Thrillers and poetry

2009-03-25 00:00

ON Saturday morning at Exclusive Books in the Liberty Midlands Mall, there will be a book signing by local author Graham Vivian Lancaster. As well as his latest thriller, Strength of Ten, Lancaster will have nine of his books there, including poetry collections Gravel Roads and Fledgling, and his teen adventure series Wild and Dangerous.

Lancaster was born in East London, and grew up in the then Rhodesia, training as a metallurgist and serving in the Rhodesian territorial army. He is now a full-time writer and also a publisher of poetry.

Margaret von Klemperer spoke to him.

Tell us something about Strength of Ten.

It’s a thriller, set mainly in Pietermaritzburg. The chief executive of African Consolidated gets arrested and thrown in jail, and his investigative team sets out to prove his innocence. And then the story deals with what he does to get his revenge. The idea came originally from the days when I worked for a similar company in Cato Ridge. All kinds of things happened — smelting is a dangerous business. So I took what were pure accidents — in a furnace and with crane ropes — and turned them into something deliberate. The hero is also a rally driver, and I checked with a real rally driver and turned an accident there into sabotage as well.

It is a very visual story, with lots of action. You say the company, Imaginites, who published it in Australia, are planning to turn it into a film. Did you write it with that in mind? And what is the news of the filming?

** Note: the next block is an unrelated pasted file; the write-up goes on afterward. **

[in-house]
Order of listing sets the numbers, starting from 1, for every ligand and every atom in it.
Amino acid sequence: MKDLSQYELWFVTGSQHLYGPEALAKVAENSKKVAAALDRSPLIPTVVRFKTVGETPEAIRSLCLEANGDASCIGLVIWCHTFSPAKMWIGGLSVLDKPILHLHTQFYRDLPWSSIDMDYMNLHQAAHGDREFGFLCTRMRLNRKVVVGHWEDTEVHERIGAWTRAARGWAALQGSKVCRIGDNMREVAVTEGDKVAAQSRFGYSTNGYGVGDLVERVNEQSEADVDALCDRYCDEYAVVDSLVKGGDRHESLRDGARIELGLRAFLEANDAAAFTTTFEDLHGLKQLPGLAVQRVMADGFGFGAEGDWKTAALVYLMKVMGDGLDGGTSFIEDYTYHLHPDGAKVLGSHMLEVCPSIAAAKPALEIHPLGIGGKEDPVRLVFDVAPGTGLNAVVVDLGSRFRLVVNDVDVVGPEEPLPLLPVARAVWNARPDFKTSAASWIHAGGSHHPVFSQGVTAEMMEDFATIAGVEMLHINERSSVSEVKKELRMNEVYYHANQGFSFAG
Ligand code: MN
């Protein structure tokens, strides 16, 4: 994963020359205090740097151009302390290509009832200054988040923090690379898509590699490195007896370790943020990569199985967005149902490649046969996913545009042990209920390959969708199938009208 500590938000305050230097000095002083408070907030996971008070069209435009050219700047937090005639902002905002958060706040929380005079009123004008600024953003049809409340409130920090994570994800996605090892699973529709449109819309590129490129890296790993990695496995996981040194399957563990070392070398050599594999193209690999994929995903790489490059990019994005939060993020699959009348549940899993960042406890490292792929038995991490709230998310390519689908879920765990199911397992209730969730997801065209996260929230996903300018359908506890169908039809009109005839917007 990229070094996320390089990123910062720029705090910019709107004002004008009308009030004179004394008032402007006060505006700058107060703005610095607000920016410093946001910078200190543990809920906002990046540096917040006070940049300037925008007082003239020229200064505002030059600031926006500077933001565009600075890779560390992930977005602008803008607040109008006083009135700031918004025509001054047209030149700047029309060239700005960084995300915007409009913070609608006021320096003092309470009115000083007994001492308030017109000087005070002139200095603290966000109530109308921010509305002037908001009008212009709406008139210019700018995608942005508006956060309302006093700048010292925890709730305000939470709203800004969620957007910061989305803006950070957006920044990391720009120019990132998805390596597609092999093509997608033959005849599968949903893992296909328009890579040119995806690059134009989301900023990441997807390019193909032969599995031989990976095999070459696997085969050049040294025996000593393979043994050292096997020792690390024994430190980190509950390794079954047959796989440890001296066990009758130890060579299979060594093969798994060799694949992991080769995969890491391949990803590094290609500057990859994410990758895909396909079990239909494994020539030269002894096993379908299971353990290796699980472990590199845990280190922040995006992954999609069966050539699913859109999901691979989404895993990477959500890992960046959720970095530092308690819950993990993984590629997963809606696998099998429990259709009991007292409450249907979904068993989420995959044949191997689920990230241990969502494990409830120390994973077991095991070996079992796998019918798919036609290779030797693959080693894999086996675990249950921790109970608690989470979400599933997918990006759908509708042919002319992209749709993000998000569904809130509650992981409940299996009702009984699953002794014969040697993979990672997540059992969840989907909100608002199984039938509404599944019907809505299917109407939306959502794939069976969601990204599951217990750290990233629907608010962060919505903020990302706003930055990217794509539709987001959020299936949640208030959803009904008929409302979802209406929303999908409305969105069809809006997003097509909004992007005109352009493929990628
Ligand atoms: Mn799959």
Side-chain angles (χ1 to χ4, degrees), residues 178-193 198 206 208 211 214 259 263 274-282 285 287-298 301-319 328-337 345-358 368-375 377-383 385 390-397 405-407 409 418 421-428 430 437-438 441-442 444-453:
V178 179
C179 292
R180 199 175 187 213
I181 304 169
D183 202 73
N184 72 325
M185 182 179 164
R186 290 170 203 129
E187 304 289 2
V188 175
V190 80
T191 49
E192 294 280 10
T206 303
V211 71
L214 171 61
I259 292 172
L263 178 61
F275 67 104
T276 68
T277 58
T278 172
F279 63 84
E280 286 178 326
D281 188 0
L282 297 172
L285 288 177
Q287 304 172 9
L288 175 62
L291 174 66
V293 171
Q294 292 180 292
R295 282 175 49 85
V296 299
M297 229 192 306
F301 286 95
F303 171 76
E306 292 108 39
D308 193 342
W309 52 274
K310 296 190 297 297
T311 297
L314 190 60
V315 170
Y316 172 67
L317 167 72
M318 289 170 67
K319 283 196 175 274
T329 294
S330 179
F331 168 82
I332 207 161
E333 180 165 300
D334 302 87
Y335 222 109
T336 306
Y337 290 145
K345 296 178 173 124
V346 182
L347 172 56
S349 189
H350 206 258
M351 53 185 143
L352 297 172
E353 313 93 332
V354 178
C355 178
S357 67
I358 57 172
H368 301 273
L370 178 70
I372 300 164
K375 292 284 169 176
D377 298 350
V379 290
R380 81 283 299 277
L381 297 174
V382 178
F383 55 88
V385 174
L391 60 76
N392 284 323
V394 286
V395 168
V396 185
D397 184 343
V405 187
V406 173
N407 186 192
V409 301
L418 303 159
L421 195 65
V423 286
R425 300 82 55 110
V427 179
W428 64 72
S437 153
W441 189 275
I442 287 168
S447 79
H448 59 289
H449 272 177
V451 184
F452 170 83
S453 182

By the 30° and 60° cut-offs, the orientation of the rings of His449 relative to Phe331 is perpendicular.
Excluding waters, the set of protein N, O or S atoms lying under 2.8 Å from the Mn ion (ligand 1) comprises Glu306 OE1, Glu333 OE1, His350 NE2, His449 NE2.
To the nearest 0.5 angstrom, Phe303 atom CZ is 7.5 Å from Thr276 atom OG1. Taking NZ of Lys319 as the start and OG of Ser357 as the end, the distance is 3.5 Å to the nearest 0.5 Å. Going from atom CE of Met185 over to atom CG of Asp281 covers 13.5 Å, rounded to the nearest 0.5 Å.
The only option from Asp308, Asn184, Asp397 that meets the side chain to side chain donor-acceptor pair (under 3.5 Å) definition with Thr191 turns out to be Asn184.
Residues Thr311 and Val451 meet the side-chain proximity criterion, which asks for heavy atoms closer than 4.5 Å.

That’s the way I write. A lot of authors have problems with action scenes — you need to get the details right. I’ve done plenty of the things I write about.

Authors have to give up a lot when their work is filmed — they are never completely satisfied — 100 000 words can’t be put into an hour and a half of film. It’s a different way of thinking. I have been asked if I would consult on the film, which would probably be shot in South Africa. But film companies are facing major problems at the moment, so we’ll have to see. The book has done well in Australia, with over 3 000 copies sold, and about 1 000 here.

You write both fiction and poetry. How easy is it to move from the kind of writing needed in a thriller like Strength of Ten to poetry?

I always have a few things on the go at the same time — poetry, fiction, humour. They are different disciplines, but they help each other. Moving from one to the other helps to get the mind together — and I just enjoy writing. Though last year I gave up novels to concentrate on poetry, as a writer and publisher.

You tell me you have some psychic powers. Can you explain?

My mother, sister and daughter have psychic powers — they seem to run in the female side of the family. I can’t tell fortunes, but once or twice I’ve seen an aura. And when I’m writing, I’ll find I’ve written something I have no idea where it comes from, particularly with poetry. But later on, it makes sense to me.

As a writer what do you like to read? And what is on your bedside table at the moment?

I love Kahlil Gibran, Guy de Maupassant, Norman Mailer. And Irish writer Marian Keyes. I enjoyed Greogry Roberts’s Shantaram. At the moment I am reading Native American writer Oriah Mountain Dreamer, and stuff on China.

• Meet Graham Lancaster at 10 am on Saturday at Exclusive Books where he will be signing his books and talking to readers. Strength of Ten is published by Australian-based company Imaginites and won the South African Writers’ Circle top Quill Award for Professional Writer of the Year.

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